On June 3, Canada’s Governor General, David Johnston, laid out the Conservatives’ plans for Canada in the Throne Speech to the Senate. As the Conservatives have finally secured a majority in Parliament, they will likely have more success in realizing their vision. In one paragraph, Johnston summarized his government’s plans for the North.
“Our Government has made Canada’s North a cornerstone of its agenda. The strongest expression of our sovereignty comes through presence and actions, not words. Our Government will continue to exercise leadership in the stewardship of northern lands and waters. It is also committed to working with the Northwest Territories and the private sector to complete the Dempster Highway—by linking Inuvik to Tuktoyaktuk—thereby realizing Prime Minister Diefenbaker’s vision of connecting Canada by road from sea to sea to sea.”
Though Johnston emphasizes the importance of “presence and actions” over rhetoric in expressing sovereignty, his words were carefully chosen, too. He said that the Government will steward the “northern lands and waters” – waters being an essential part of Canada’s perceived sovereignty in the Arctic. Those waters do not just include Hudson Bay and Baffin Bay, but the Northwest Passage as well. The U.S. may not agree that the passage constitutes internal waters, but Canada is determined to attempt to express sovereignty in these waters. Whether it will be able to back up its words with actions, such as by deploying more Arctic/Offshore patrol ships, will be the true test of Harper’s commitment to Arctic sovereignty.
While sovereignty at sea might be difficult for Canada to uphold, it is working to improve its infrastructure on land. The Dempster Highway is a cornerstone of the Conservatives’ plan for developing the North. Liberals have opposed its construction, as they believe a much longer road connecting more Aboriginal communities needs to be built. Yet now, Liberals will not really be able to put any more roadblocks in the way of the construction of the 140-kilometer highway. Once built, it will improve transportation in the remote North and enhance the country’s sovereignty in its more distant reaches.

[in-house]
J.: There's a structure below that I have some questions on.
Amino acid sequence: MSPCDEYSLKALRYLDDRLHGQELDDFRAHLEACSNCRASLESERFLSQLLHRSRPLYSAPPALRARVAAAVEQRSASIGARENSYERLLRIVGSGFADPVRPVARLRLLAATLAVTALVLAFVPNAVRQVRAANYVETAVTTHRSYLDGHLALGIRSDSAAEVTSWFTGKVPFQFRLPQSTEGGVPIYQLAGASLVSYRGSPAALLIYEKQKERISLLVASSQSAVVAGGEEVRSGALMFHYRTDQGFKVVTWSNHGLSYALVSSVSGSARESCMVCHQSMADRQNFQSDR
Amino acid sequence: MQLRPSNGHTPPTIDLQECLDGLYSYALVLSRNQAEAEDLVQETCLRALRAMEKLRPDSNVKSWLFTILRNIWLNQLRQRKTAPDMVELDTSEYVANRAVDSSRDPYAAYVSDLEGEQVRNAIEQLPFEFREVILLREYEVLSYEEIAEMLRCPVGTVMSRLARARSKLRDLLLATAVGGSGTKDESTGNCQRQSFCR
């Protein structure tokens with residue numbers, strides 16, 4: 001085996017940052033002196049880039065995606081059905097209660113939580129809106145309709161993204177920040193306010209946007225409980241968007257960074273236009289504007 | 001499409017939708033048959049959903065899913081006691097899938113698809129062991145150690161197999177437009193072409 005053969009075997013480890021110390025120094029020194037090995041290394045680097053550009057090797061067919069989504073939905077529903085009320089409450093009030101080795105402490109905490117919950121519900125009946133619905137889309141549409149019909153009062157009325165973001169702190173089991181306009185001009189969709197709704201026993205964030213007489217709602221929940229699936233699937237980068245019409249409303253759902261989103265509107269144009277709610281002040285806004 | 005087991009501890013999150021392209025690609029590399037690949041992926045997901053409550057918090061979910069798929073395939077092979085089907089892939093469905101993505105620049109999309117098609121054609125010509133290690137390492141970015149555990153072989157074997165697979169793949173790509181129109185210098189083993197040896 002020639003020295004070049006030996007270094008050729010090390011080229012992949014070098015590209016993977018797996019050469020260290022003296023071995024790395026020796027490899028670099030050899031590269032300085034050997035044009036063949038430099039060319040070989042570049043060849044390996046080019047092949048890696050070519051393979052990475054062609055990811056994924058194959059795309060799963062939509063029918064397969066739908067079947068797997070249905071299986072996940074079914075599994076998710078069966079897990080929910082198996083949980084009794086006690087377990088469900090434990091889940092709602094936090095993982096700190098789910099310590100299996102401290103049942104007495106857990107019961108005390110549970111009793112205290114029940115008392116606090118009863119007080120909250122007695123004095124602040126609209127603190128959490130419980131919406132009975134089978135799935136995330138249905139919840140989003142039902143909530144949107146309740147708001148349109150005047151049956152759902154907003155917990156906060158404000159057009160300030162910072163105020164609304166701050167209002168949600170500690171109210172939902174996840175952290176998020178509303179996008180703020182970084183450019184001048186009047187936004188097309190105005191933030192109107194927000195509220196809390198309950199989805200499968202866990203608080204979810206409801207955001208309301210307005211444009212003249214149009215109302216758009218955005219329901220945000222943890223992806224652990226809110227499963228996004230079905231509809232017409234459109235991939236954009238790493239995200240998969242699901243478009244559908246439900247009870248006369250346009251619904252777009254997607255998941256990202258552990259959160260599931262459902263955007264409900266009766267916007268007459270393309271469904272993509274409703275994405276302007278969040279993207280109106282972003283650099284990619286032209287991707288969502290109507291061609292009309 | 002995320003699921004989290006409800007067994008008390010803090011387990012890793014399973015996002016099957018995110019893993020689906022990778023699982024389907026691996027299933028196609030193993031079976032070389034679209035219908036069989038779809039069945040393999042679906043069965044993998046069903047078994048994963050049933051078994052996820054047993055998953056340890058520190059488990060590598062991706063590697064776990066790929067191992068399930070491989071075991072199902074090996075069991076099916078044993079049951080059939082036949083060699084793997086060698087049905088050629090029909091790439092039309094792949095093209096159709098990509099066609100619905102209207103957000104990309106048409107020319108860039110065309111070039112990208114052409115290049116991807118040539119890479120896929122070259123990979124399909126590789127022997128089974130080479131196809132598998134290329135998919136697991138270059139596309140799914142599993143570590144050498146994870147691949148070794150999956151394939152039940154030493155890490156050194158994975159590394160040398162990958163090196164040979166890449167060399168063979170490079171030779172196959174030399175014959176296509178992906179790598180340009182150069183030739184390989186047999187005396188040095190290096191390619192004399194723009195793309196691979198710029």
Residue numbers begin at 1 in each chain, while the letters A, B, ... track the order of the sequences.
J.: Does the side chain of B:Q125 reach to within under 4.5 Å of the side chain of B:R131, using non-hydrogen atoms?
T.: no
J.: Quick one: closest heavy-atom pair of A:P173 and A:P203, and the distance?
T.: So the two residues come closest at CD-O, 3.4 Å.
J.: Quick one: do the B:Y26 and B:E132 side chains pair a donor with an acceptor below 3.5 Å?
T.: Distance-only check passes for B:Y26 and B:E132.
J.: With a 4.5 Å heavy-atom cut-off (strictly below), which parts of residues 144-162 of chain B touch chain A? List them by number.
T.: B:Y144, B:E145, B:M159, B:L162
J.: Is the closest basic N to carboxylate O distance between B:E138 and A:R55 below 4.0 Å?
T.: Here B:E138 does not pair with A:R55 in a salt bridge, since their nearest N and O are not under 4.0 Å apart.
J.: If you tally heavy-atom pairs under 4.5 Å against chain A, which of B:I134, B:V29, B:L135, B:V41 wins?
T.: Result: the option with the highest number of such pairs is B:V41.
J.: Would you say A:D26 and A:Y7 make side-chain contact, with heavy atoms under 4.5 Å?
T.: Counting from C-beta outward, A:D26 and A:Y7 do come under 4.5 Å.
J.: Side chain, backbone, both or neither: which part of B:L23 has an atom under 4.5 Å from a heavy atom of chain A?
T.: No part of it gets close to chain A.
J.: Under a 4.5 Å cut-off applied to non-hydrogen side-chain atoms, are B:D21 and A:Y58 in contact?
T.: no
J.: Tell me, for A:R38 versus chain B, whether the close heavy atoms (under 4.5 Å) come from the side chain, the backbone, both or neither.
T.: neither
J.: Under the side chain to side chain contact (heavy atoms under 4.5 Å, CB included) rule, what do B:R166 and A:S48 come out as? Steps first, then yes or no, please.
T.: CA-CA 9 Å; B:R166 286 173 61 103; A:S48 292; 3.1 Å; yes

Johnston also touched upon the welfare of Aboriginal and First Nations communities in Canada:
“Canada’s Aboriginal peoples are central to Canada’s history, and our Government has made it a priority to renew and deepen our relationship. The contribution of Canada’s Aboriginal peoples will be important to our future prosperity. Concerted action is needed to address the barriers to social and economic participation that many Aboriginal Canadians face.
Our Government will work with Aboriginal communities, provinces and territories to meet this challenge. It will help open the door to greater economic development by providing new investments in First Nations Land Management. It will promote access to clean water and the deployment of clean energy technology in Aboriginal and northern communities.”
Mary Simon, president of the Inuit Tapiriit Kanatami, was pleased with the Throne Speech. In a press release, she called it a “strong statement in support of the Arctic, and Aboriginal peoples.” At the very least, the language Johnston uses identifies communities as the foundation of First Nations societies, rather than atomized individuals. The Northern Strategy, contrastingly, hones in on “individuals,” overlooking the importance of groups and communities to Aboriginal peoples. It is also promising that the speech underscores the need for social and economic development to help Northerners as opposed to a strict focus on resource development. Simon continued in the press release,
“I was pleased to see a commitment to the Aboriginal peoples of Canada. The action needed to address barriers to economic participation in the Arctic communities means improving our education system, an issue Inuit are taking concrete action on with the impending release of our National Inuit Education Strategy.”
The National Inuit Education Strategy will be released tomorrow (Thursday, June 16), at a news conference which Federal Aboriginal Affairs Minister John Duncan will attend. He is a supporter of the strategy, which will promote bilingual education for Inuit children. Teaching students in both their mother tongue and either French or English is seen as a means of turning around the high dropout rate, which is 75% in Nunavut. If the Inuit are better educated, they will stand a better chance of participating in their local economies. This, in turn, could make the Northern economy more sustainable and less reliant on outside investment in non-renewable resources.
“Ottawa to support recommendation for bilingual Inuit schooling,” Canadian Press
“Clear picture of Tory agenda emerges in June 3 throne speech,” Nunatsiaq Online